Can broadband lead to economic growth and employment?
This year’s edition of the World Economic Forum’s Global Information Technology Report (GITR), sponsored in part by Cisco, tackles this critical question and the answer is a decisive ‘yes’. Launched today (April 10) in New York, this year’s GITR, titled “Growth and Jobs in a Hyperconnected World”, details how 144 countries are investing in broadband and IT, and realizing benefits of economic growth and employment.
The top of the report’s Networked Readiness Index (NRI) rankings are dominated by northern European, north American and ‘Asia Tiger’ countries. Several emerging countries, however, are making significant strides: Mexico (progressing from 76th to 63rd) and Colombia (advancing from 73rd to 66th) in Latin America, Turkey (moving from 52nd to 45th) in Central and Eastern Europe, and Kazakhstan (improving twelve positions rom 55th to 43rd) and Georgia (rising from 88th to 65th place) in the CIS region.
But while these emerging countries experienced gains in their Networked Readiness, other emerging economies are not making progress in narrowing the divide. So what can countries do to boost broadband adoption in order to capture economic growth and employment benefits?
My colleague, John Garrity, and I focus on this question in our GITR chapter examining national broadband and ICT plans. (Chapter 1.3, “Convergent Objectives, Divergent Strategies: A Taxonomy of National Broadband and ICT Plans”)
We found that governments seeking to expand broadband adoption emphasize policies that focus on fostering demand as well as broadband supply. (Figure 1)
Broad-based plans are the most comprehensive and incorporate a wide range of policy recommendations on both supply- and demand-side dimensions. Examples of broad-based country plans include the United States (2010) and Qatar (2011).
Supply-driven plans focus on actions to build out infrastructure and increase broadband availability through competition and investment policies; they also include direct action to reach underserved populations. Country examples include Australia (2009), Germany (2009) and the United Kingdom (2010).
Demand-driven plans focus on intensifying the utilization of broadband and ICTs to drive economic growth such as in Morocco (2008) and Poland (2008).
A minority of plans are limited in both the supply- and demand-sides. However, even these Emergent plans are valuable as they begin a national conversation on broadband.
The taxonomy we developed (see Figure 2) establishes a common language governments can use as they develop their national broadband plan and provides a way to identify gaps in current broadband policy environments. Countries without a cohesive national broadband plan risk losing ground in terms of global competitiveness.
Read more about the GITR 2013 report, sponsored by Cisco, at http://reports.weforum.org/global-information-technology-report-2013/
Watch the unveiling of the GITR 2013 live at: http://new.livestream.com/wef/2013ITReport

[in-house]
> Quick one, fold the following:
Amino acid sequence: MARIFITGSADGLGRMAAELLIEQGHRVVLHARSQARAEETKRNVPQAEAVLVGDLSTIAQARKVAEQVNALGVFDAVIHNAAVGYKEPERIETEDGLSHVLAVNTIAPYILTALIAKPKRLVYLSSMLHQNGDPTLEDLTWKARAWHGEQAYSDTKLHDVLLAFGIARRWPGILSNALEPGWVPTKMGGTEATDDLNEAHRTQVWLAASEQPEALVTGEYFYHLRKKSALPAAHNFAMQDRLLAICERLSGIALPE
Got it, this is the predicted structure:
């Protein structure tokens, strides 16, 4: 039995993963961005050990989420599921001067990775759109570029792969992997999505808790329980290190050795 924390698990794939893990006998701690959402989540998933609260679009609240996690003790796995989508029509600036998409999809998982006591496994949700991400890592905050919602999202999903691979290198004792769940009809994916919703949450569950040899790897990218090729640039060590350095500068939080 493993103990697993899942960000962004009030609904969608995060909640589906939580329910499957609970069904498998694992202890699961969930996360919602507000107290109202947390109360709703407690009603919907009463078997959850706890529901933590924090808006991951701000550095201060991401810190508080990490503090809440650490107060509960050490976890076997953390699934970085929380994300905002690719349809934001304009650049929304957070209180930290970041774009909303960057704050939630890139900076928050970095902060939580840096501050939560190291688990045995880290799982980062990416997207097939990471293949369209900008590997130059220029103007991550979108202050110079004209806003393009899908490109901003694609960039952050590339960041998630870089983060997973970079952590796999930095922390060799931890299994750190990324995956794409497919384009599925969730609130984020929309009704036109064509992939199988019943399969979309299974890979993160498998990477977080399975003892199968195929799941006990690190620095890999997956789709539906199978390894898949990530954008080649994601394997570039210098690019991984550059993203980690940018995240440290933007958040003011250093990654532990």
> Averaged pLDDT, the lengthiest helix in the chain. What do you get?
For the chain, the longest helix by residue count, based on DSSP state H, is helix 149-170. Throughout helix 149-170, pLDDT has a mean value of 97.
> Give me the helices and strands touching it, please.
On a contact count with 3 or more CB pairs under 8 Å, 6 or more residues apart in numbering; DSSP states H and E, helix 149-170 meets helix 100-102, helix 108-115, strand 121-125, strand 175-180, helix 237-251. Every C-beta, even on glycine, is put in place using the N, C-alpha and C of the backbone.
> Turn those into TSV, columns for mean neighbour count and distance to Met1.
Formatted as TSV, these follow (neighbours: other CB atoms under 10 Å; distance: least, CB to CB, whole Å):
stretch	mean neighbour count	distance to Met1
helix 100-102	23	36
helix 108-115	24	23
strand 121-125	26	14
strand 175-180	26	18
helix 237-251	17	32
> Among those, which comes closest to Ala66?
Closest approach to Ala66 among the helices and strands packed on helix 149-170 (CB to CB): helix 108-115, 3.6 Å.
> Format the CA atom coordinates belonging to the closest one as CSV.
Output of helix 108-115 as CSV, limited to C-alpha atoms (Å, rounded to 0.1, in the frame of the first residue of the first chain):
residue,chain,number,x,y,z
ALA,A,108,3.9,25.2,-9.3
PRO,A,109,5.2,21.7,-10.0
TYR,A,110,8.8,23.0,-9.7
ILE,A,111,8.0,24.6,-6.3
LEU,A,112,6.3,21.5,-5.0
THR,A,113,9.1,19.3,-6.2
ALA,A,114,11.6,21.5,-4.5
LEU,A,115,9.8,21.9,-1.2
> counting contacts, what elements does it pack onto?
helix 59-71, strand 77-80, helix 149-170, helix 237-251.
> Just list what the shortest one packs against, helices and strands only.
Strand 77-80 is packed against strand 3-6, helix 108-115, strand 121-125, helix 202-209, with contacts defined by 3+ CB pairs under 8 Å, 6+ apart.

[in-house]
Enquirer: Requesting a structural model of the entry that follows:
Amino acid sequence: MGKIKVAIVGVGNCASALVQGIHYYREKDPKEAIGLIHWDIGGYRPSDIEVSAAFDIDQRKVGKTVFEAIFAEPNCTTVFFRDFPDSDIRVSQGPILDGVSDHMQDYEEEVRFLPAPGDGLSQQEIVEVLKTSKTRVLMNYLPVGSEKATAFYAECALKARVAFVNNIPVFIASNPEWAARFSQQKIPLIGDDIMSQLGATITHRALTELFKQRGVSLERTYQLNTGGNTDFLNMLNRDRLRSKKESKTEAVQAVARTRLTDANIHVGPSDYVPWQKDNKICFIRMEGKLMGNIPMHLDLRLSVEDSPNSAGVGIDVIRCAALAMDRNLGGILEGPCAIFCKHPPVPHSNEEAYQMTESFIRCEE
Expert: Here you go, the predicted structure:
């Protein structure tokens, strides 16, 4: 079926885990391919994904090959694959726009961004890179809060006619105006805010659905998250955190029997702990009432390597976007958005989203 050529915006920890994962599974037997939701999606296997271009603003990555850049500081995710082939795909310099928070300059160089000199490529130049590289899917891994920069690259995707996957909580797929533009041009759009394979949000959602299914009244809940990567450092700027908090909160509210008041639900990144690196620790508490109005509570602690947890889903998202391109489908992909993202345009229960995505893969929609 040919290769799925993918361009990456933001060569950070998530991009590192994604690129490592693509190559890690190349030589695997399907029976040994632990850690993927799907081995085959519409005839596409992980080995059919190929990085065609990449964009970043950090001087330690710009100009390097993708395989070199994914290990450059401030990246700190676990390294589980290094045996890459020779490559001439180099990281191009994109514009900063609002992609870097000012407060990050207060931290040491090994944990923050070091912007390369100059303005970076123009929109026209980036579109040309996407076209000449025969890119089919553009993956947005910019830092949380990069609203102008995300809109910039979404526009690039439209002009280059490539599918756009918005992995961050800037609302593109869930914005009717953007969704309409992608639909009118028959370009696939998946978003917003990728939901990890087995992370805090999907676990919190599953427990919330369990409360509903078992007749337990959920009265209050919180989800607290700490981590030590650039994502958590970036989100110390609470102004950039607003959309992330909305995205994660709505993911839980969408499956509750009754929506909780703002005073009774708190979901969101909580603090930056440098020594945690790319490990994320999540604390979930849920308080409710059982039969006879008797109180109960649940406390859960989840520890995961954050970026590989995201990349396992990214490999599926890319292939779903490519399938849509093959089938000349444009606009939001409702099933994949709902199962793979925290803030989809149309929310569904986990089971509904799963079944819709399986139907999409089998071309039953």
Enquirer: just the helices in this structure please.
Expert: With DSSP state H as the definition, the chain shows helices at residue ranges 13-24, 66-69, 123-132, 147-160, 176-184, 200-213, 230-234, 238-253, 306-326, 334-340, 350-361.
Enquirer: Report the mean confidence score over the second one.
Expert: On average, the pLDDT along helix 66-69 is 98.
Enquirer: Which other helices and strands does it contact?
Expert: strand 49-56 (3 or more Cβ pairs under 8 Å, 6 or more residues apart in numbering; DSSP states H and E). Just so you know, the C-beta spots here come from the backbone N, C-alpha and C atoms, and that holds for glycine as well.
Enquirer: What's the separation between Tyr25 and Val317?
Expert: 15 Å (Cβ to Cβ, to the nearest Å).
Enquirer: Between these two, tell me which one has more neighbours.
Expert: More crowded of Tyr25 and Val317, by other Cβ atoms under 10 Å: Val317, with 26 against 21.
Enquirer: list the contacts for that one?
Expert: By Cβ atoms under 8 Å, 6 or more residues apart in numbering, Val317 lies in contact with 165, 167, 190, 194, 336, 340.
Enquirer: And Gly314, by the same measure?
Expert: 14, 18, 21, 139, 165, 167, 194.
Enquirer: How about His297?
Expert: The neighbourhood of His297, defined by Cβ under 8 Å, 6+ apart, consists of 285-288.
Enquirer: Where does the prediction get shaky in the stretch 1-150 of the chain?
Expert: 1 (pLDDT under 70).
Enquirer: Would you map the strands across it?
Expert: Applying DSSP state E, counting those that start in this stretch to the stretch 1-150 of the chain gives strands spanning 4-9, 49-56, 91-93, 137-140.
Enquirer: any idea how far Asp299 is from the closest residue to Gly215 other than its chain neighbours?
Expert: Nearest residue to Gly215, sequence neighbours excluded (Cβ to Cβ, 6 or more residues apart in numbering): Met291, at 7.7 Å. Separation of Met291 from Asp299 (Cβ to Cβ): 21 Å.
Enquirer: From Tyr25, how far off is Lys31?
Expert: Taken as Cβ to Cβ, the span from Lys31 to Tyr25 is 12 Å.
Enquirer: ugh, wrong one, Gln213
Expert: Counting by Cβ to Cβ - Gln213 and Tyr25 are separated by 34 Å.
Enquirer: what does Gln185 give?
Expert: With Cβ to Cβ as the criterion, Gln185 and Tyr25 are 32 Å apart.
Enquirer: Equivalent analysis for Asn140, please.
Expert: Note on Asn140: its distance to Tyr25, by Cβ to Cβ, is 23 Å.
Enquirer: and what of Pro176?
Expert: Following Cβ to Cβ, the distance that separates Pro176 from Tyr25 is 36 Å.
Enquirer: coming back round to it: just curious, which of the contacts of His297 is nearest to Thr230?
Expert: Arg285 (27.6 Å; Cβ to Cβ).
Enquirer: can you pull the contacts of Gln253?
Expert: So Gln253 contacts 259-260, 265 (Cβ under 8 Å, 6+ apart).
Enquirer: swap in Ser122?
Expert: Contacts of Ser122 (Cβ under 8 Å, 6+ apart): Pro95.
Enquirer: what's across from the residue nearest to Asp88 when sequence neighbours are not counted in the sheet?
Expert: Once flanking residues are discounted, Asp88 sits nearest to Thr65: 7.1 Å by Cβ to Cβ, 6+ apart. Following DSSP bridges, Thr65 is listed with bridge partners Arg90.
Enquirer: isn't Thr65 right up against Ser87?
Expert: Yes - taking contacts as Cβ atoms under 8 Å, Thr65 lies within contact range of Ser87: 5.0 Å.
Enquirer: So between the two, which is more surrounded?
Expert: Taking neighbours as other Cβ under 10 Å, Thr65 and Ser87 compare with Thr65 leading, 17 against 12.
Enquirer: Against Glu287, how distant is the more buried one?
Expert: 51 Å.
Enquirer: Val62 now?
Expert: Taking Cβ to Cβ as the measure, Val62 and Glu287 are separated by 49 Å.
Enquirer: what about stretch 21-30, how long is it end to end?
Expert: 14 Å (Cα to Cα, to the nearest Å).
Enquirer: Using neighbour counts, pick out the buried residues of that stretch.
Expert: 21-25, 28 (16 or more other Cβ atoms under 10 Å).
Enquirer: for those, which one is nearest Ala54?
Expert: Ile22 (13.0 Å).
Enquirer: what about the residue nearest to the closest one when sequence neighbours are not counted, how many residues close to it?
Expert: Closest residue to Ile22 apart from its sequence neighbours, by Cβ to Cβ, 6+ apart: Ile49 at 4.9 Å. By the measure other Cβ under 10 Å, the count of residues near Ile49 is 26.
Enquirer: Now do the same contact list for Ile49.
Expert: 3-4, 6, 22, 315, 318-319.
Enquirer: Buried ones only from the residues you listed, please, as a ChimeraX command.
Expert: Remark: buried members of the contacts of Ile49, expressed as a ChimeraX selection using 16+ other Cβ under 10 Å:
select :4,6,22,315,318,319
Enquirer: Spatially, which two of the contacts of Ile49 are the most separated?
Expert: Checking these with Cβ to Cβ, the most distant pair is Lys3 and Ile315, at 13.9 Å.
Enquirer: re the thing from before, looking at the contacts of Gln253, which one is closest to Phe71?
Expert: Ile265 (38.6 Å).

Download the Cisco contributed chapter featuring our new taxonomy for national broadband plans: GITR 2013 -- chapter 1.3 Convergent Objectives, Divergent Strategies CISCO
Tags: broadband, GITR, Global Information Technology Report, Networked Readiness Index, NRI, Plans, WEF, World Economic Forum
It’s great to see Cisco and many companies across the industry make a major change in the use of Open Source via the newly form project hosted by the Linux Foundation called OpenDaylight. This consortium is an industry-wide, open and transparent effort to catalyze innovation and accelerate an application ecosystem for software-defined networking. With all the partners involved we are working to not only further development and adoption of SDN but also to foster a new developer community. A consortium like this has been long overdue and it’s great to finally see it come to fruition.
We are incredibly pleased to partner with Arista, Big Switch Networks, Brocade, Citrix, Dell, Ericsson, Fujitsu, HP, IBM, Intel, Juniper Networks, Microsoft, NEC, Nuage Networks, PLUMgrid, RedHat and VMware on the Project. This is the largest effort to date to drive Software-Defined Networking across the industry and into new markets. While the initial goal is to build a common, industry backed SDN Platform, the broader objective is to give rise to an entire ecosystem of developers that can freely utilize the code, contribute to the project and commercialize the offerings. I further expect the ecosystem to expand into areas like tools and services.
Cisco has donated our core “Cisco ONE” controller code to the project and has officially open sourced the code under the Eclipse Public License. The community has come together around this code to form the architecture (see below) for the Open SDN Framework. Beyond donations of code, Project members are supporting the project via both financial investment and via developers we are committing to work full-time on the project overall. Donations from other members of the Project can be seen here and we expect this list to only grow.